Berry: Latin America at ‘forefront’ of global LGBT rights movement

By Michael K. Lavers for the Washington Blade

The special U.S. envoy to promote global LGBT rights on Monday said he feels Latin America is “very much on the forefront” of advancing these issues.

Randy Berry made these comments during a conference call that took place shortly after he returned to Washington from an 11-day trip to Chile, Argentina, Uruguay, Brazil and the Dominican Republic. He attended a variety of Pride events in the five countries and met with government and religious officials and representatives of business, academic and advocacy groups.

Berry described the meetings he had with government officials as “incredibly productive.” He said the activists with whom he met in the five countries have “really moved the ball.”

“We are seeing I think extraordinary change sweeping through Latin America,” said Berry. “Those four countries, plus Colombia have been very much on the forefront of that change.”

Argentina, Uruguay and Brazil are among the countries in which gays and lesbians can legally marry.

The Mexican Supreme Court earlier this month ruled that laws prohibiting same-sex marriage are unconstitutional. A Chilean law that will allow gays and lesbians to enter into civil unions is scheduled to take effect in October.

Argentina and Uruguay have comprehensive transgender rights laws that allow people to legally change their gender without surgery. Colombian Justice Minister Yesid Reyes earlier this month issued a decree that will allow trans people in the South American country to do the same on their identification cards and other official documents.

Berry on Monday acknowledged to the Blade that he “had a conversation” about anti-LGBT hate crimes in each of the five countries he visited while in Latin America.

He visited the grave of Daniel Zamudio Vera, a 24-year-old man who a group of self-described neo-Nazis beat to death in the Chilean capital of Santiago in 2012 because he was gay, upon his arrival in the South American country on June 4. Zamudio’s death sparked widespread outrage in Chile and prompted lawmakers to pass an LGBT-inclusive hate crimes and anti-discrimination bill.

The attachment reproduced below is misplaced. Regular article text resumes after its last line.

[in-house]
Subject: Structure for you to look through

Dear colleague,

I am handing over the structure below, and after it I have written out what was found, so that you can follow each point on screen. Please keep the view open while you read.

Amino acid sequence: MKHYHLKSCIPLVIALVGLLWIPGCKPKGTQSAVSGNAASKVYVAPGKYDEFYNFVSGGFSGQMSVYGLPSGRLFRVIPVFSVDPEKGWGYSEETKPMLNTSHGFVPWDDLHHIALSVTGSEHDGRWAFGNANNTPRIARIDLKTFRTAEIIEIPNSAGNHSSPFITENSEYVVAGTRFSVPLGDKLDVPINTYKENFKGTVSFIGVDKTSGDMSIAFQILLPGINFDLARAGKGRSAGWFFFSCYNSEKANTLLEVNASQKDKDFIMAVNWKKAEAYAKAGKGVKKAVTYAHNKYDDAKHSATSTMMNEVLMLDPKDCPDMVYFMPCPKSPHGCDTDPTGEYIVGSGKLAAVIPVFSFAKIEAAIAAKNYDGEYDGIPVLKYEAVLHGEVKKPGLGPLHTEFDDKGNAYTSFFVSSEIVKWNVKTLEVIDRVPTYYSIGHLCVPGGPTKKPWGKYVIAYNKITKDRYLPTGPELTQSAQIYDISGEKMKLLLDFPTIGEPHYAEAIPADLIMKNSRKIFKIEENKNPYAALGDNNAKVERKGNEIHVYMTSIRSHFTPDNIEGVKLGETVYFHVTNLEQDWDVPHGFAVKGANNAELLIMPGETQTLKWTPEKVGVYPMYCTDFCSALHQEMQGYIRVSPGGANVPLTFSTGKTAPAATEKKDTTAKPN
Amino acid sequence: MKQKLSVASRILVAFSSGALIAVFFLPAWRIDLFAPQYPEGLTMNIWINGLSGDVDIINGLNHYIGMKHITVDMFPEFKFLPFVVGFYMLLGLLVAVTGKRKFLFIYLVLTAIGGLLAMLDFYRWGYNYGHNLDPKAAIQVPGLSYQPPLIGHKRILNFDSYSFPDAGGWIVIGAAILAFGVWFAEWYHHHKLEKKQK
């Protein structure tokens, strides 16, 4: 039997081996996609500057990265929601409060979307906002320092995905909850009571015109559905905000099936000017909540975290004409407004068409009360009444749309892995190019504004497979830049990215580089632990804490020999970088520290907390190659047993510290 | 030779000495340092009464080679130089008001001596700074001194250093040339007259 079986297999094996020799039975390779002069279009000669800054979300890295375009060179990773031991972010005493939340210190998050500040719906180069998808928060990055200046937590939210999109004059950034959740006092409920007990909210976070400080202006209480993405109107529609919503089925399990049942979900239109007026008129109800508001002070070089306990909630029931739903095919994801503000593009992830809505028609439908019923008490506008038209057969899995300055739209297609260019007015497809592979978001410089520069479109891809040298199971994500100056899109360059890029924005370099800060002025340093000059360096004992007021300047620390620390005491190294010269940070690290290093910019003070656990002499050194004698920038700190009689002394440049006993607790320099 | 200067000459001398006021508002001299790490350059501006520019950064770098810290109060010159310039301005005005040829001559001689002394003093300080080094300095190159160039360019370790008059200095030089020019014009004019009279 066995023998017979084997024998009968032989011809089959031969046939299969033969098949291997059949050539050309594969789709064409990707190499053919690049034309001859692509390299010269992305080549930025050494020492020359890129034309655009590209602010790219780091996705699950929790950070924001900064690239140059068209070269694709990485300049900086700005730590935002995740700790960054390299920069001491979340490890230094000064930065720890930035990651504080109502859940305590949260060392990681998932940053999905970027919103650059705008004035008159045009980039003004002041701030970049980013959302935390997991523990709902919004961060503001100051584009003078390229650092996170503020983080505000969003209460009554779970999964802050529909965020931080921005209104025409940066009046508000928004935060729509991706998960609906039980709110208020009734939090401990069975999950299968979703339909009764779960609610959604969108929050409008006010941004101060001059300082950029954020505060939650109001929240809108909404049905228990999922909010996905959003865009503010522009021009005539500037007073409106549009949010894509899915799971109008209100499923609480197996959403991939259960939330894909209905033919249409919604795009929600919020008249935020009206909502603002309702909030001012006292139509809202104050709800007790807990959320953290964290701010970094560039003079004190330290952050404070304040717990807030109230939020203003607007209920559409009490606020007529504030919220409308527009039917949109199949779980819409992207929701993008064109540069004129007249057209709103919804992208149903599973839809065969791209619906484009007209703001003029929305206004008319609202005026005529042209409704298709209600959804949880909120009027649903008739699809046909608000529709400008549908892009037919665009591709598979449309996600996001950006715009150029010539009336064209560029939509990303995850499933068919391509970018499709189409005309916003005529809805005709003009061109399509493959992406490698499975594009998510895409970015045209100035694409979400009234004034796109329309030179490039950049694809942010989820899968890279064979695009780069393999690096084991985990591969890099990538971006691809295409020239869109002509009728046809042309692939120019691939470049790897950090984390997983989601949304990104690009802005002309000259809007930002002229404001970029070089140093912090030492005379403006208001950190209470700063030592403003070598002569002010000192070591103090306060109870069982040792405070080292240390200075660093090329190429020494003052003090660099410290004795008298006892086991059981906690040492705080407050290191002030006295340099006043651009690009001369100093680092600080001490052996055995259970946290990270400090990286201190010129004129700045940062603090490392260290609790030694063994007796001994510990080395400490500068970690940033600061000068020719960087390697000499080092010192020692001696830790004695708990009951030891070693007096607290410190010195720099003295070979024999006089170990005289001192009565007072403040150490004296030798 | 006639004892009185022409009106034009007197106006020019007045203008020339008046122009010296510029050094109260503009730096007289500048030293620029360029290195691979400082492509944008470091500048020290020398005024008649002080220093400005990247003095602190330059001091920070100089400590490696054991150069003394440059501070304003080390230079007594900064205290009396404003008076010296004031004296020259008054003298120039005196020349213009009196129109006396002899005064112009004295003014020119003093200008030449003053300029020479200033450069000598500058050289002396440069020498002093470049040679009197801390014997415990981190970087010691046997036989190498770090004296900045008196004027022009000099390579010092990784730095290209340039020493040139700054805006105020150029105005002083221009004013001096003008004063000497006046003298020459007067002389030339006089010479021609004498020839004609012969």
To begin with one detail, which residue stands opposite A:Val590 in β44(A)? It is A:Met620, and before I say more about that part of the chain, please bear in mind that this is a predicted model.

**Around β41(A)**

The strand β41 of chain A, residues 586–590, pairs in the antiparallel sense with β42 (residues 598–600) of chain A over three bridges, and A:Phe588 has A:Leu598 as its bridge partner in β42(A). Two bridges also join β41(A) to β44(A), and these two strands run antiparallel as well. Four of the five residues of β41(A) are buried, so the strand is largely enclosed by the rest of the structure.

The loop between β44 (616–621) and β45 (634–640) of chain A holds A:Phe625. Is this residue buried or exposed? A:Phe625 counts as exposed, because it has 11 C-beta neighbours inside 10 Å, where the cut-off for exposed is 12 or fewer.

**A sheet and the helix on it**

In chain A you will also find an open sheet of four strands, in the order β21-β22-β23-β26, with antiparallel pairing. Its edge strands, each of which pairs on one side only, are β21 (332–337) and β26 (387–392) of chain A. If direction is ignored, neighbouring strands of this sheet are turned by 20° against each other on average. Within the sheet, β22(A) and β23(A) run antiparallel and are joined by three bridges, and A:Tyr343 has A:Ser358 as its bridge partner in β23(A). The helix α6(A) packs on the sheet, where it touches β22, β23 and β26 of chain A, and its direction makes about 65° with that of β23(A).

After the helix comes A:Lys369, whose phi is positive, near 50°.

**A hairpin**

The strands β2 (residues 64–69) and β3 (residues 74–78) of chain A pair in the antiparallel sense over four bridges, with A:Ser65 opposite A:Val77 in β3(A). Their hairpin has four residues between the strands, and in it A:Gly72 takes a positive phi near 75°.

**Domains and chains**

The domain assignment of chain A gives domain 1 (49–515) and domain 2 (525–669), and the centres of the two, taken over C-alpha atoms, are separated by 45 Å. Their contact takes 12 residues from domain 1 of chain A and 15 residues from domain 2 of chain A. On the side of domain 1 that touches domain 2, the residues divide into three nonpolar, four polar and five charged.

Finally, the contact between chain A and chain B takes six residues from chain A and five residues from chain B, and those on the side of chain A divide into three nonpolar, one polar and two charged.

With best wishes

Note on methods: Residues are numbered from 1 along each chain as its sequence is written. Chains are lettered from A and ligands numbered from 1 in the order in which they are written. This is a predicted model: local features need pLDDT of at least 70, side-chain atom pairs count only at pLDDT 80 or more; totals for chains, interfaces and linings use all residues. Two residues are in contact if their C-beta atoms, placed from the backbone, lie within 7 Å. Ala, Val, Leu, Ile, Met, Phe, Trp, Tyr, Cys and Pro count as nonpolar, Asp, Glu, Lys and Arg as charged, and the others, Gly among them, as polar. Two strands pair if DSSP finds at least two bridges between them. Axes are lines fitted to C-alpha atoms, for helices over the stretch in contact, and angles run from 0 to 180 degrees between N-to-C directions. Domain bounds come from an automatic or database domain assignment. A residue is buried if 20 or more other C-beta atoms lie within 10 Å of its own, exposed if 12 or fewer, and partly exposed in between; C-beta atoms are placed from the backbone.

“That tragedy sort of formed a pivotal event in how Chile I think made some advancements,” Berry told the Blade. “[It is] not dissimilar to our own journey through the Matthew Shepard case.”

The South American country last fall joined the Global Equality Fund, a global LGBT rights initiative the State Department manages with the U.S. Agency for International Development. Chile, Colombia, Uruguay and Brazil introduced a resolution against anti-LGBT violence and discrimination the U.N. Human Rights Council adopted in September 2014.

“Quite often we focus on the fact that there have been great examples of leadership on this emanating from our partner countries in Europe — particularly in northern Europe,” said Berry. “There’s a superb example of Latin leadership that has certainly predated our entry into this space as a foreign policy issue. I see very enlightened government engagement. I see an active partnering with civil society.”

Berry assumed his post within the State Department’s Bureau of Democracy, Human Rights and Labor on April 13.

The career Foreign Service officer traveled to Jamaica last month with Todd Larson, senior LGBT coordinator for USAID. Berry on Monday will leave D.C. for a 15-day trip to Europe where he is scheduled to visit the U.K., the Netherlands, Finland, Poland, Lithuania, Latvia, Malta and Switzerland.

Berry is slated to travel to Uganda next month.